In a paper published this week in Science, an international team of scientists share details of the most ancient fossil of Homo erectus known and discuss how these new findings are forcing us to rewrite a part of our species' evolutionary history.
You wait ages for a pterosaur and then four come along at once. Hot on the heels of a recent paper discovering three new species of pterosaur, University of Portsmouth palaeobiologists have identified another new species -- the first of its kind to be found on African soil.
A Homo erectus skullcap found northwest of Johannesburg in South Africa has been identified as the oldest to date, in research published in Science. The hominin is a direct ancestor of modern humans, experienced a changing climate, and moved out of Africa into other continents. The discovery of DNH 134 pushes the possible origin of Homo erectus back between 150,000 and 200,000 years.
The oldest known animals and plants preserved in amber from Southern Gondwana are reported in Scientific Reports this week. Gondwana, the supercontinent made up of South America, Africa, Madagascar, India, Antarctica and Australia, broke away from the Pangea supercontinent around 200 million years ago. The findings further our understanding of ecology in Australia and New Zealand during the Late Triassic to mid-Paleogene periods (230-40 million years ago).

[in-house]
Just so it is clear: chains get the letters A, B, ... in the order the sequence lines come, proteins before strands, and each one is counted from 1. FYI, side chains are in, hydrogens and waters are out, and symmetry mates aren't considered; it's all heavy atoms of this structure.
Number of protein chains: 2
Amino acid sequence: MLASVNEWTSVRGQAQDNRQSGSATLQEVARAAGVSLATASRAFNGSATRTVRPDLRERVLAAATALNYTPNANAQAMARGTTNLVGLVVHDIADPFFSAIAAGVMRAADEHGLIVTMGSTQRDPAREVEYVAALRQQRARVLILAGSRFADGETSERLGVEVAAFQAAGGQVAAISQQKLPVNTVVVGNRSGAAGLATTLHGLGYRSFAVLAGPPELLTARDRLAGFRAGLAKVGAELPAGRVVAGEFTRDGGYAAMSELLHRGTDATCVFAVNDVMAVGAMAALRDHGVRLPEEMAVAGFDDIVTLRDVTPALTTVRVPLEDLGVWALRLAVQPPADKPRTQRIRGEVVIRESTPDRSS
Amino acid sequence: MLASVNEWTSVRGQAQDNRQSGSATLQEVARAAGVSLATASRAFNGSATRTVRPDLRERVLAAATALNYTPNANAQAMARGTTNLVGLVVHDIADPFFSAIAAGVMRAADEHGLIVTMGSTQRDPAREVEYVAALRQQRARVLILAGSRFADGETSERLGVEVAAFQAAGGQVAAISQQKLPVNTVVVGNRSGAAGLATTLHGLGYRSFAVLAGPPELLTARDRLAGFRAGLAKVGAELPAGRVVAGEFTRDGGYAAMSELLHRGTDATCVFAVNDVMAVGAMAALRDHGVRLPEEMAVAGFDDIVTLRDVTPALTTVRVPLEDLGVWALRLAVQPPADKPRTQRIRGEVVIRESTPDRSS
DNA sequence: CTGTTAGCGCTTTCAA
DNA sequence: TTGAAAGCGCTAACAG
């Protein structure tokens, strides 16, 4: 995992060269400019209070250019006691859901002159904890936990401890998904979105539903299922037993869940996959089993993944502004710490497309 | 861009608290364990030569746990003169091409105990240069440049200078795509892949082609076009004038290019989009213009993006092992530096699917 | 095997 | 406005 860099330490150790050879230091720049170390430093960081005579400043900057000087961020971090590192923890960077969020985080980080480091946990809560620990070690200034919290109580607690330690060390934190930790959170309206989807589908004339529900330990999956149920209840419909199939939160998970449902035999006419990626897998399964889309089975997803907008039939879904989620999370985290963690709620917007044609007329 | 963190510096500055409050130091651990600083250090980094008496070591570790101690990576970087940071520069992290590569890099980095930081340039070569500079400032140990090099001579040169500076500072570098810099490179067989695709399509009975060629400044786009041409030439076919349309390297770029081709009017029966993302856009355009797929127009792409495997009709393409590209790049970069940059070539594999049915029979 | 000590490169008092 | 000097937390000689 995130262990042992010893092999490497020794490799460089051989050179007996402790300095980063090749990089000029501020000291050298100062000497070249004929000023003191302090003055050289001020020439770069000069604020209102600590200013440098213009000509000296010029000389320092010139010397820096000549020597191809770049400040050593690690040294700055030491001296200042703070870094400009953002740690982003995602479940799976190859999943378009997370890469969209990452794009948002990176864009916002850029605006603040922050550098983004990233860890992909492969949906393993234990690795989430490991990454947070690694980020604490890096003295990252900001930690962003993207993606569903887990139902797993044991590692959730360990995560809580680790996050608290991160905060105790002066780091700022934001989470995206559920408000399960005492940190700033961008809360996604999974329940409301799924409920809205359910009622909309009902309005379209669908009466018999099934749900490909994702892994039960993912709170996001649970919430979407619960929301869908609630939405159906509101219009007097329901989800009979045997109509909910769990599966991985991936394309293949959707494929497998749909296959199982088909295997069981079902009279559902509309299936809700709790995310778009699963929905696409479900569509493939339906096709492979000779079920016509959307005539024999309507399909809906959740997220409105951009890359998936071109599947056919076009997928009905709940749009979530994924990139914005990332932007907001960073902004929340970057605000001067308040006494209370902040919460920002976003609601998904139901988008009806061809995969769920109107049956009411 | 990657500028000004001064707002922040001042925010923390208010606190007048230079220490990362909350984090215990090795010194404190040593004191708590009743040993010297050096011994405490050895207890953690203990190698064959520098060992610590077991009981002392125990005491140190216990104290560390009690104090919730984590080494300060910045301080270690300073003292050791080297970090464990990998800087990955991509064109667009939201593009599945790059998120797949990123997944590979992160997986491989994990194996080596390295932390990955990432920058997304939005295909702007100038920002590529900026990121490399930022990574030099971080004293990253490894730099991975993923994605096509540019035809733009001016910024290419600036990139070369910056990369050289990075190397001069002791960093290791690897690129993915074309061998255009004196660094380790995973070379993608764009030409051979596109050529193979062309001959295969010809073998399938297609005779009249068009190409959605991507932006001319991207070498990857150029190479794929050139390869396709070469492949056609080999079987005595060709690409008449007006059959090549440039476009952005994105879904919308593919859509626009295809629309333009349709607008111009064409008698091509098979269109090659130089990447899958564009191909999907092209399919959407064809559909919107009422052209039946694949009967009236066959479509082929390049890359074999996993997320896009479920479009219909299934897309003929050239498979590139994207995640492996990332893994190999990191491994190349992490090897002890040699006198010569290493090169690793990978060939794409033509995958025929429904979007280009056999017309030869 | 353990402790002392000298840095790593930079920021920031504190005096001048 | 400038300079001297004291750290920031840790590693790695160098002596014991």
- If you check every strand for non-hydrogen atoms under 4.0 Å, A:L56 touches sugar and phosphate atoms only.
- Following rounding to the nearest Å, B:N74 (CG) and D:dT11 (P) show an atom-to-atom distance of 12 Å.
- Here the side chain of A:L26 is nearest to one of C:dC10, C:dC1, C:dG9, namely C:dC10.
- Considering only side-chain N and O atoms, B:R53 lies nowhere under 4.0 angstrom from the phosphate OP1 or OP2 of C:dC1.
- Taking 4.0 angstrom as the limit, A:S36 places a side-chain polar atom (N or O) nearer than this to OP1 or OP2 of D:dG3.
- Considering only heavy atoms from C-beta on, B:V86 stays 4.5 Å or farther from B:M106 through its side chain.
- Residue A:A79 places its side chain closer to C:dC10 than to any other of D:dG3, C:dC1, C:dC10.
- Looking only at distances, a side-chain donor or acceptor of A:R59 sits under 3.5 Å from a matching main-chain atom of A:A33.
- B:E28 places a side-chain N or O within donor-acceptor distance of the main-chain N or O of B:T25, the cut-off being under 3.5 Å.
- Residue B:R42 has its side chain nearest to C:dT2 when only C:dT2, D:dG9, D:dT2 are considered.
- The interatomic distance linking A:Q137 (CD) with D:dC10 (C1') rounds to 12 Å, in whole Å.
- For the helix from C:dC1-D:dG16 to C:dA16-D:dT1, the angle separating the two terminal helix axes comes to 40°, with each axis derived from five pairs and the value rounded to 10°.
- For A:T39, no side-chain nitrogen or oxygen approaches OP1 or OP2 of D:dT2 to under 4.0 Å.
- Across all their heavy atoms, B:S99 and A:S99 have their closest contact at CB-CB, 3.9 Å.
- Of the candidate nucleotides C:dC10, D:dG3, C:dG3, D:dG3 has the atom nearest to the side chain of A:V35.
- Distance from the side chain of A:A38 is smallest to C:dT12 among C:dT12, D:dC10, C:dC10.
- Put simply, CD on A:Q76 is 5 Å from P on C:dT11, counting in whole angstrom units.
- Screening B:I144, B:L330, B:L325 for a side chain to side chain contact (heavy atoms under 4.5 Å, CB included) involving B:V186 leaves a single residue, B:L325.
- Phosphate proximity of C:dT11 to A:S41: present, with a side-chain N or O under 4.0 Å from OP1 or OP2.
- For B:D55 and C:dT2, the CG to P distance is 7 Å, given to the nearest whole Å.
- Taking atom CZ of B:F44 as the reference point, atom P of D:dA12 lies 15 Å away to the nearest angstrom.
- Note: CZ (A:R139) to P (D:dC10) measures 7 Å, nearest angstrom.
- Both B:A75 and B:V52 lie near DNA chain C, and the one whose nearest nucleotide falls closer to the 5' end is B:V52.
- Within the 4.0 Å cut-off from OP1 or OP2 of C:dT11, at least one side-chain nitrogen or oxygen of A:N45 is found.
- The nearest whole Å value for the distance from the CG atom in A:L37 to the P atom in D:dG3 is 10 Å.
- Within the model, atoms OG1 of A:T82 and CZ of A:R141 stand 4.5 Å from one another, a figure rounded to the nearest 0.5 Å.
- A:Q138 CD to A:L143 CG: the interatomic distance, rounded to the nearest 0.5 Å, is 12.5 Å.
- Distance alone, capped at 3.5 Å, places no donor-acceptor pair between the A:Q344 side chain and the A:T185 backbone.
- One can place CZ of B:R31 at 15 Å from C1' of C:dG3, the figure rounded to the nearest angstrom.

Researchers from the Institute of Vertebrate Paleontology and Paleoanthropology (IVPP) of the Chinese Academy of Sciences have found a new species of sandgrouse in six to nine million-year-old rocks in Gansu Province in western China. The newly discovered species points to dry, arid habitats near the edge of the Tibetan Plateau as it rose to its current extreme altitude.
Scientists from the University of Plymouth and the University of Copenhagen led research tracing how the two major human migrations recorded in Holocene Europe -- the northwestward movement of Anatolian farmer populations during the Neolithic and the westward movement of Yamnaya steppe peoples during the Bronze Age -- unfolded.
A new study reinforces the concept that Neanderthal DNA has been woven into the modern human genome on multiple occasions as our ancestors met Neanderthals time and again in different parts of the world.
The great cormorant has more sensitive hearing under water than in air. This new knowledge may help protect vulnerable bird species.
The DNA sequencing of a healthy German shepherd offers scientists new insight into the evolution of the domestic dog while also enabling dogs to be screened for hip and other diseases much more accurately.
Using precise imaging technology to scan fossil skulls, researchers found that as early as 3 million years ago, children had a long dependence on caregivers.